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Precocious Puberty

Precocious puberty is a term denoting the early onset of puberty in young children. Typically the physical signs of precocious puberty appear in boys before the age of nine and the ages of seven or eight in girls. The common indicators for precocious puberty in both sexes are the appearance of pubic and underarm hair, acne, sudden rapid increase in height and body odour associated with older children. Boys can experience a deepening of the voice, enlargement of the genitals and facial hair growth, whereas girls may have incipient breast development and begin to menstruate. Girls can be capable of reproduction. Bone structure can be considered to be that of an older child.

Precocious puberty

Precocious puberty denotes the early onset of puberty in young children.

There are two kinds of precocious puberty, each due to different possible causes: central and peripheral. The causes of central precocious puberty include:

  • hydrocephalus – fluid on the brain
  • intracranial neoplasm – brain tumour
  • Langerhans cell histiocytosis – abnormal proliferation of Langerhans cells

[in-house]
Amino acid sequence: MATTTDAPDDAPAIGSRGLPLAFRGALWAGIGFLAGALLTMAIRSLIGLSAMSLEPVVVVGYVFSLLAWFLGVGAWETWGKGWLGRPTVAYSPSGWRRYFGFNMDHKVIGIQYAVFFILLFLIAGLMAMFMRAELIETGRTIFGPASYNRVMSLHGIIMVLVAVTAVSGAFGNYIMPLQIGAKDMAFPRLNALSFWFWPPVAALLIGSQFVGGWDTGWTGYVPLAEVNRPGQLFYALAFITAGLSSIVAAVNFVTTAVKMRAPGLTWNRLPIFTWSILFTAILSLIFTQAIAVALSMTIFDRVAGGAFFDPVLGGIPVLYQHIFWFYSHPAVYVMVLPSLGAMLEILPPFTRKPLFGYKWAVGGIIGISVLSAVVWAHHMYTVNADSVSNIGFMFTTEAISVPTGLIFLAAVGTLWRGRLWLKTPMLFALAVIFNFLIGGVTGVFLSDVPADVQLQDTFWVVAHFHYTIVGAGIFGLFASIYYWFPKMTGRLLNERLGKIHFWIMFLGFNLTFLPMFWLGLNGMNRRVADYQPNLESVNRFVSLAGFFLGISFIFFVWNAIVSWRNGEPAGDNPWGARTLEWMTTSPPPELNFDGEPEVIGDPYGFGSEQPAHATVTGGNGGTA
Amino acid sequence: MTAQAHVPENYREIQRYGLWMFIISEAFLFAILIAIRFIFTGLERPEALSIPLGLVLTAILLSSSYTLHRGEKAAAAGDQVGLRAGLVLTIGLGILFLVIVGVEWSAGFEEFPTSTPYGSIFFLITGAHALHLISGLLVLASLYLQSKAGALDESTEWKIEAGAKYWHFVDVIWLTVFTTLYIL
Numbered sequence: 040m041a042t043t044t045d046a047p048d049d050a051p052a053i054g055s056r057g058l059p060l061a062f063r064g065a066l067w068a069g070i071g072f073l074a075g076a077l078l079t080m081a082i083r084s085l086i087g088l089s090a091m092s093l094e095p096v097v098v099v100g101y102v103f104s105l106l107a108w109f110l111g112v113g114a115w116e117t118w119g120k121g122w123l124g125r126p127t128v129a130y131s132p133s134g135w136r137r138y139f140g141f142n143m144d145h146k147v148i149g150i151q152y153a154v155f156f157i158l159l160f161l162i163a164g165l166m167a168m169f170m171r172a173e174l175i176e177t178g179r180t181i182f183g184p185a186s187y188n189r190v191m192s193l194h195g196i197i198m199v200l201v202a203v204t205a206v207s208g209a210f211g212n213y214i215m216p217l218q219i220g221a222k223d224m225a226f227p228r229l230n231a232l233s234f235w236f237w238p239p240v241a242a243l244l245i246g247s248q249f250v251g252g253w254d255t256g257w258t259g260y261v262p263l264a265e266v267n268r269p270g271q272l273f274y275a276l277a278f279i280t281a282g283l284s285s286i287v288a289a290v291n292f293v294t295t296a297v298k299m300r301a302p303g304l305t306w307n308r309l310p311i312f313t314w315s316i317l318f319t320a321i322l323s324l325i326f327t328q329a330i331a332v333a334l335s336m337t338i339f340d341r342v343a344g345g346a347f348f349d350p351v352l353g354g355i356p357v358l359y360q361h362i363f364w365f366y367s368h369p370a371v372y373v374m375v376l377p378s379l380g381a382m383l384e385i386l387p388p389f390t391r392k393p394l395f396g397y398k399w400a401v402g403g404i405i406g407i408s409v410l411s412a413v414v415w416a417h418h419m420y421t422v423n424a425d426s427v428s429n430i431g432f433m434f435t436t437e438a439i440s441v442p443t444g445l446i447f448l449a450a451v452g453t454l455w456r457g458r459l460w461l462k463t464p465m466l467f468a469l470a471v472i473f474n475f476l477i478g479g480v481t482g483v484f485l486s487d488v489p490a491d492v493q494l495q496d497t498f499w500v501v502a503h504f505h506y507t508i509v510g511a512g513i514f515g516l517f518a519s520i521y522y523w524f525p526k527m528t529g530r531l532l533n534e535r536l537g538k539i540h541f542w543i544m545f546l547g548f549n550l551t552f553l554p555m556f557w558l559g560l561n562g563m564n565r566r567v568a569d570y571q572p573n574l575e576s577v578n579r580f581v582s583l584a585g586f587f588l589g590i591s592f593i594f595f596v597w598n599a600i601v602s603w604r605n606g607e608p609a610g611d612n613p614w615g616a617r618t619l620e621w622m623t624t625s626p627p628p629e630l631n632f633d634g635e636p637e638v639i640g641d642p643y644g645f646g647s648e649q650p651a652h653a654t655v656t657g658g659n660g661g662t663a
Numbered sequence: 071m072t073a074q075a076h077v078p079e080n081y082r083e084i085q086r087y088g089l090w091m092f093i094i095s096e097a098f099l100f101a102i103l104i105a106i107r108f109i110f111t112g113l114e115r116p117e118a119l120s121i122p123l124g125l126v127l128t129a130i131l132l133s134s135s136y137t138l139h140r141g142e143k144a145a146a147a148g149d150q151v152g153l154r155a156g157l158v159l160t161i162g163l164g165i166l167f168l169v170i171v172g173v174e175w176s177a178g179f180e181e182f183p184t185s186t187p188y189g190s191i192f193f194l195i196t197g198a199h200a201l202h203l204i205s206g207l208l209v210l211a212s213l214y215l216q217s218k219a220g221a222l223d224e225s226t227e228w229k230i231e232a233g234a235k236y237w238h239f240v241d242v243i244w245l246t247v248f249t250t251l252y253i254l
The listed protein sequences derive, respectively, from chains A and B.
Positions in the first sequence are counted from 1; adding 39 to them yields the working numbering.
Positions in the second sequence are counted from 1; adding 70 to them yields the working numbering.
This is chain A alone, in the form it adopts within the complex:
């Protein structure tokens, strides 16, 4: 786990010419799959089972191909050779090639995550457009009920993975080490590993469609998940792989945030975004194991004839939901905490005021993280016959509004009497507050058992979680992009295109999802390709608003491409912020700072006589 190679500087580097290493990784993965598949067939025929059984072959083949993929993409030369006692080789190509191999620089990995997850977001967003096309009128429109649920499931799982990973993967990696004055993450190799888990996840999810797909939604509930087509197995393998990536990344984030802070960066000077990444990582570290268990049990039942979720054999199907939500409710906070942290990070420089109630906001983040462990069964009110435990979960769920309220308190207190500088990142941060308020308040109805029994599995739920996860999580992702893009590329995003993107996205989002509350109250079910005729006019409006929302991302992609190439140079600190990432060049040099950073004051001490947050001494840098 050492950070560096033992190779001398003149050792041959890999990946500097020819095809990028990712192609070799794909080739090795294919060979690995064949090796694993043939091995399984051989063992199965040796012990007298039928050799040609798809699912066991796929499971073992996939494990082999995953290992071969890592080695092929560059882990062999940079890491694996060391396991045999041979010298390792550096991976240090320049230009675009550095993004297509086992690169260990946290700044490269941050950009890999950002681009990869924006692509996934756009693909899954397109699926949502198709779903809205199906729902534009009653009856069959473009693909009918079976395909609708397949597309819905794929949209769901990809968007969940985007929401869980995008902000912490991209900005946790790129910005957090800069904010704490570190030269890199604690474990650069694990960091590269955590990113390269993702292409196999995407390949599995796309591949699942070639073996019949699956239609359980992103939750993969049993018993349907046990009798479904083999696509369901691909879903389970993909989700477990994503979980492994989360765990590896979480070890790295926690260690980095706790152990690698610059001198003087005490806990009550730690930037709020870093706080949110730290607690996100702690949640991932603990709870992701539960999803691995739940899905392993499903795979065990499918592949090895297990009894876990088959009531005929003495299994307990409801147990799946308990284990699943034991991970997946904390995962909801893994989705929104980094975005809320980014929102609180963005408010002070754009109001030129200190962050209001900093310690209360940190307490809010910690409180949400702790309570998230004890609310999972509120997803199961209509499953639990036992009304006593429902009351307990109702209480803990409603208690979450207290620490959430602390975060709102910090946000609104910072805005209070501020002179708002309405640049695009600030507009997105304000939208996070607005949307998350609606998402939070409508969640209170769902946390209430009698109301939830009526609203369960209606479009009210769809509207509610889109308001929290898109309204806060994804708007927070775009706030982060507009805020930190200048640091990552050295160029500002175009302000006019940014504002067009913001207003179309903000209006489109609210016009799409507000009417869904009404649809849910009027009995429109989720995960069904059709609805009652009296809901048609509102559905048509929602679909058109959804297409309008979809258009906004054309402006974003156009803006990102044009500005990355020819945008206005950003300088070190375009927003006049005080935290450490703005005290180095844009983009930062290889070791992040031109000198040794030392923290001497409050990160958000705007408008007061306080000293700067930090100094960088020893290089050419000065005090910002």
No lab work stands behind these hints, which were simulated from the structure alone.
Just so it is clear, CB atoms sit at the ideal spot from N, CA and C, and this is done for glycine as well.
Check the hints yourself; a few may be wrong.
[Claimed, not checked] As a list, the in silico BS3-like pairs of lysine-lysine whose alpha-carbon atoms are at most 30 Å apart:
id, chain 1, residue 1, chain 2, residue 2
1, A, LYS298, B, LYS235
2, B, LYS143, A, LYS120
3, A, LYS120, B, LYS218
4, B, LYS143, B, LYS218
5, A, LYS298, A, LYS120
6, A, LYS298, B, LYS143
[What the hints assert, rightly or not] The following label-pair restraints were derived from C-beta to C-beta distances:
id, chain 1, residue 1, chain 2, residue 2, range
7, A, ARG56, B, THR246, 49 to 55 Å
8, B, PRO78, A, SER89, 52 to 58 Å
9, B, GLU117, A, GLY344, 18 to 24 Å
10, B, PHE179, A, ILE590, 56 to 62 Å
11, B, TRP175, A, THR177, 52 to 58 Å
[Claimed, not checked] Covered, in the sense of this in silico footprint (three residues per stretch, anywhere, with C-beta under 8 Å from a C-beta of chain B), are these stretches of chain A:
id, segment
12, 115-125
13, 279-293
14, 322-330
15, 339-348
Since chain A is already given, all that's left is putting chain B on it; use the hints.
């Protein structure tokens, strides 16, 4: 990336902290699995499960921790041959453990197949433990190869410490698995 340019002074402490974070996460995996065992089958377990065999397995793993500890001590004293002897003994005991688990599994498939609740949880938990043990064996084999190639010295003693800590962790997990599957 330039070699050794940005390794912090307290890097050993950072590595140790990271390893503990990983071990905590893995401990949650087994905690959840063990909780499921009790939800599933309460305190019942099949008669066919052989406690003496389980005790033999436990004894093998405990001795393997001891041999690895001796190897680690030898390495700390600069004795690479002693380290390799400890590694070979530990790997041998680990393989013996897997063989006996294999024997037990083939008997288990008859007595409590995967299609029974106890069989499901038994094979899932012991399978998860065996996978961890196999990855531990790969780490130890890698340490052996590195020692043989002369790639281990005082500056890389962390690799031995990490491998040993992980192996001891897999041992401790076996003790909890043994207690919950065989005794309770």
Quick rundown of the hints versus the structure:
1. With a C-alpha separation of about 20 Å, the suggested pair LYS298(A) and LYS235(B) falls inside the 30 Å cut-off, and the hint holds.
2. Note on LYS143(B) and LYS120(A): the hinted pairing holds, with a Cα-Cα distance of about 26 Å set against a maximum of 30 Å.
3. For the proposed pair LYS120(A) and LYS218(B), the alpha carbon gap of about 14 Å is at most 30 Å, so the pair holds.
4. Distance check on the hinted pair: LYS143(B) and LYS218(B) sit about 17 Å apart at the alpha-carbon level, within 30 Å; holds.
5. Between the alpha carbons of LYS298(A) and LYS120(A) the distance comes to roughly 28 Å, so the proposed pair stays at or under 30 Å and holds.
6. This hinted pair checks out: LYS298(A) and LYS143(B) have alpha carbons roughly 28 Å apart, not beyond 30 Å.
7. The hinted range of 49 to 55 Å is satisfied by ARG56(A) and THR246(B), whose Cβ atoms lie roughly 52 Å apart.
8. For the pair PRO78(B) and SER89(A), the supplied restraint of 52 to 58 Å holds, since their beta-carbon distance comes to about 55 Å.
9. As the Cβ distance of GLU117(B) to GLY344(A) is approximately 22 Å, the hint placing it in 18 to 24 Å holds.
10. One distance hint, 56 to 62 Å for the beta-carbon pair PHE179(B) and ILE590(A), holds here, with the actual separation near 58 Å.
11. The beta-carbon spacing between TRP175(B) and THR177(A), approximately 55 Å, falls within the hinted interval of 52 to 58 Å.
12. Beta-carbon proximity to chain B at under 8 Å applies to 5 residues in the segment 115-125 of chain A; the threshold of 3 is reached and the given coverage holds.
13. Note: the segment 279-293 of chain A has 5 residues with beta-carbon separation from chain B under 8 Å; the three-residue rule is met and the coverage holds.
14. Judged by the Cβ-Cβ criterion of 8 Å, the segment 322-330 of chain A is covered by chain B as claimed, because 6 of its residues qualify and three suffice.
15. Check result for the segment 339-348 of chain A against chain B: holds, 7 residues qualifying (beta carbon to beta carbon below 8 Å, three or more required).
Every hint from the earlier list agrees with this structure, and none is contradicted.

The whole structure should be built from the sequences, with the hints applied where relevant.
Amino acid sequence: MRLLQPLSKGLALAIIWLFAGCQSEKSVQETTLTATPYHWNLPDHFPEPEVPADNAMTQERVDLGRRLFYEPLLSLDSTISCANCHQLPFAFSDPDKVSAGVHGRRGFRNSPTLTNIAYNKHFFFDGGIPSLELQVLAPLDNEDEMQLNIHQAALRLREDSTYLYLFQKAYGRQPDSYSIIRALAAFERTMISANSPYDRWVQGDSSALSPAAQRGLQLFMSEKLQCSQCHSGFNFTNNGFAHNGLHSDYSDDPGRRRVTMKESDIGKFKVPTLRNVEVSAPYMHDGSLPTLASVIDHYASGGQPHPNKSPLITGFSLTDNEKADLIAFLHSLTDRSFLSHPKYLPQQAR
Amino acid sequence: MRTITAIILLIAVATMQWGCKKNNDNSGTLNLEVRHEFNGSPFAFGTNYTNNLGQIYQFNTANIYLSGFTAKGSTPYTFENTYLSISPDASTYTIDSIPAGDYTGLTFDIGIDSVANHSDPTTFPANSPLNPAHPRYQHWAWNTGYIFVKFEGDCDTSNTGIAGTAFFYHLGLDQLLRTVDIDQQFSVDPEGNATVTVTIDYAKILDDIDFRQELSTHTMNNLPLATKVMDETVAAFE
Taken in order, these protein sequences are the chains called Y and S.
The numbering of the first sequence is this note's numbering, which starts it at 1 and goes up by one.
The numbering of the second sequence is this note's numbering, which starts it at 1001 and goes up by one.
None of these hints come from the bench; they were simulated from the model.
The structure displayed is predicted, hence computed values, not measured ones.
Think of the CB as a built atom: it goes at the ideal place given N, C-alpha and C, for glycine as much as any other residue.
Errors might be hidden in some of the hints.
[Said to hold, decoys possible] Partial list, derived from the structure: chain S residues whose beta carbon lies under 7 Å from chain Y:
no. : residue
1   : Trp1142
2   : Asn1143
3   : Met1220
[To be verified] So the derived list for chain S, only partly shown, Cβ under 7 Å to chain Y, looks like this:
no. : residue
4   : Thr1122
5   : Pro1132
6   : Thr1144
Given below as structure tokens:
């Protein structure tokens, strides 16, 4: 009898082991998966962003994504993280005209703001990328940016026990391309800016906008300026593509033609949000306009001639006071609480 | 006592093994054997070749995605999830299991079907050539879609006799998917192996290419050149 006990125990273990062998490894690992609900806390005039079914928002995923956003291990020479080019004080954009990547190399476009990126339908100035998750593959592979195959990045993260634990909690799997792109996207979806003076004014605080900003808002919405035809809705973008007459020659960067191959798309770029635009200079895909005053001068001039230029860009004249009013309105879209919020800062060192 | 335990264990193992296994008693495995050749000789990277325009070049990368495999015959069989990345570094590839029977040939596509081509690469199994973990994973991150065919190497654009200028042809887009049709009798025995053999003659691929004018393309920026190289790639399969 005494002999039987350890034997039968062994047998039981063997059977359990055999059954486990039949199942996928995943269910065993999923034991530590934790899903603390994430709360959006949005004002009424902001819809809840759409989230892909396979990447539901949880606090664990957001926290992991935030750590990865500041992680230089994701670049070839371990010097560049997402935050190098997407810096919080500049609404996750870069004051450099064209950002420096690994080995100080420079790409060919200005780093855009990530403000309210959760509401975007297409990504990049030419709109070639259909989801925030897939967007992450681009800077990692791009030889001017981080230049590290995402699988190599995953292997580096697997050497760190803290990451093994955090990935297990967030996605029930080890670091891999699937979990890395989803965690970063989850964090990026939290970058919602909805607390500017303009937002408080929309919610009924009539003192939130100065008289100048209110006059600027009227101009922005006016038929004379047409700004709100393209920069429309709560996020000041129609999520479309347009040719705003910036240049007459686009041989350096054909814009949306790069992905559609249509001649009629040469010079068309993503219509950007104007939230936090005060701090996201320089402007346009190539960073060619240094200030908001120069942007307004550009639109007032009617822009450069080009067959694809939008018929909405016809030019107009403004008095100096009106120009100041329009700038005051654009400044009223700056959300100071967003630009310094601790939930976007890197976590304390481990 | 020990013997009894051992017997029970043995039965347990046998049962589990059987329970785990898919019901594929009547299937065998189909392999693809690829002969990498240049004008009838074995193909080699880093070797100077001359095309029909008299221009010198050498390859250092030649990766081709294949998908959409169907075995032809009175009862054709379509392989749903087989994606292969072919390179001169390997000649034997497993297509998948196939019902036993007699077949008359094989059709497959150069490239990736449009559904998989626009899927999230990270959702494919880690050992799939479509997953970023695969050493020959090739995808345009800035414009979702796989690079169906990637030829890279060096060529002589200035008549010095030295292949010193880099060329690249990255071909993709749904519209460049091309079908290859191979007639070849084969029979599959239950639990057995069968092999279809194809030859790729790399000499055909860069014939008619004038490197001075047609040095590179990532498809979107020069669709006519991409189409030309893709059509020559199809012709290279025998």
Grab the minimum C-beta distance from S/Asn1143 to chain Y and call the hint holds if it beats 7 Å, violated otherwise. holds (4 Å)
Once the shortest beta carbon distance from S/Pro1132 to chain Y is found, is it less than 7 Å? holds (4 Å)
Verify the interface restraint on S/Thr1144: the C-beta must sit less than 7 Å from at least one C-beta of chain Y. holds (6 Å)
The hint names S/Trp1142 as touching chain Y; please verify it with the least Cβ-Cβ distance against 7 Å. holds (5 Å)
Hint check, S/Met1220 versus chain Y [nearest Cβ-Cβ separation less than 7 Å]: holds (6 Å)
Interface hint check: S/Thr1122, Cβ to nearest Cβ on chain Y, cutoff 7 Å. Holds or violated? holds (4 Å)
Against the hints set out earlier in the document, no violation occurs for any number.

• ΜcCune-Albright syndrome (ΜAH) – genetic condition involving hormonal disorder
  • hypothalamic hamartoma – cerebral malformation due to secretion of Gonadotropin-releasing hormones (GnRH)

Peripheral precocious puberty can be due to:

  • adrenal tumours
  • gonadal tumours
  • germ-cell tumours
  • congenital adrenal hyperplasia (CAH) – genetic disorder associated with excessive sex steroid production

The social consequences can be very challenging for children. Emotional difficulties can arise from stress, social exclusion and bullying. A child with precocious puberty can be susceptible to strange new feelings very difficult to understand and cope with, and comparisons with the bodies of his or her peers will present that child with deeply uncomfortable emotions around body image and self-esteem. This burden on the the child may push him or her into maladaptive behaviours. For example, girls who mature early can be sexually active and have a higher propensity for substance abuse and suicide.

However, precocious puberty is manageable. Blood tests can detect sex steroid levels, ultrasound can uncover tumours in the uterus or testicles, and X-rays of hands and wrists can determine bone age. GnRH agonists are used to treat ΜAH, glucocorticoids treat CAH, and Testolactone retards steroid production in ΜAH. Flutamine counters androgen excess.

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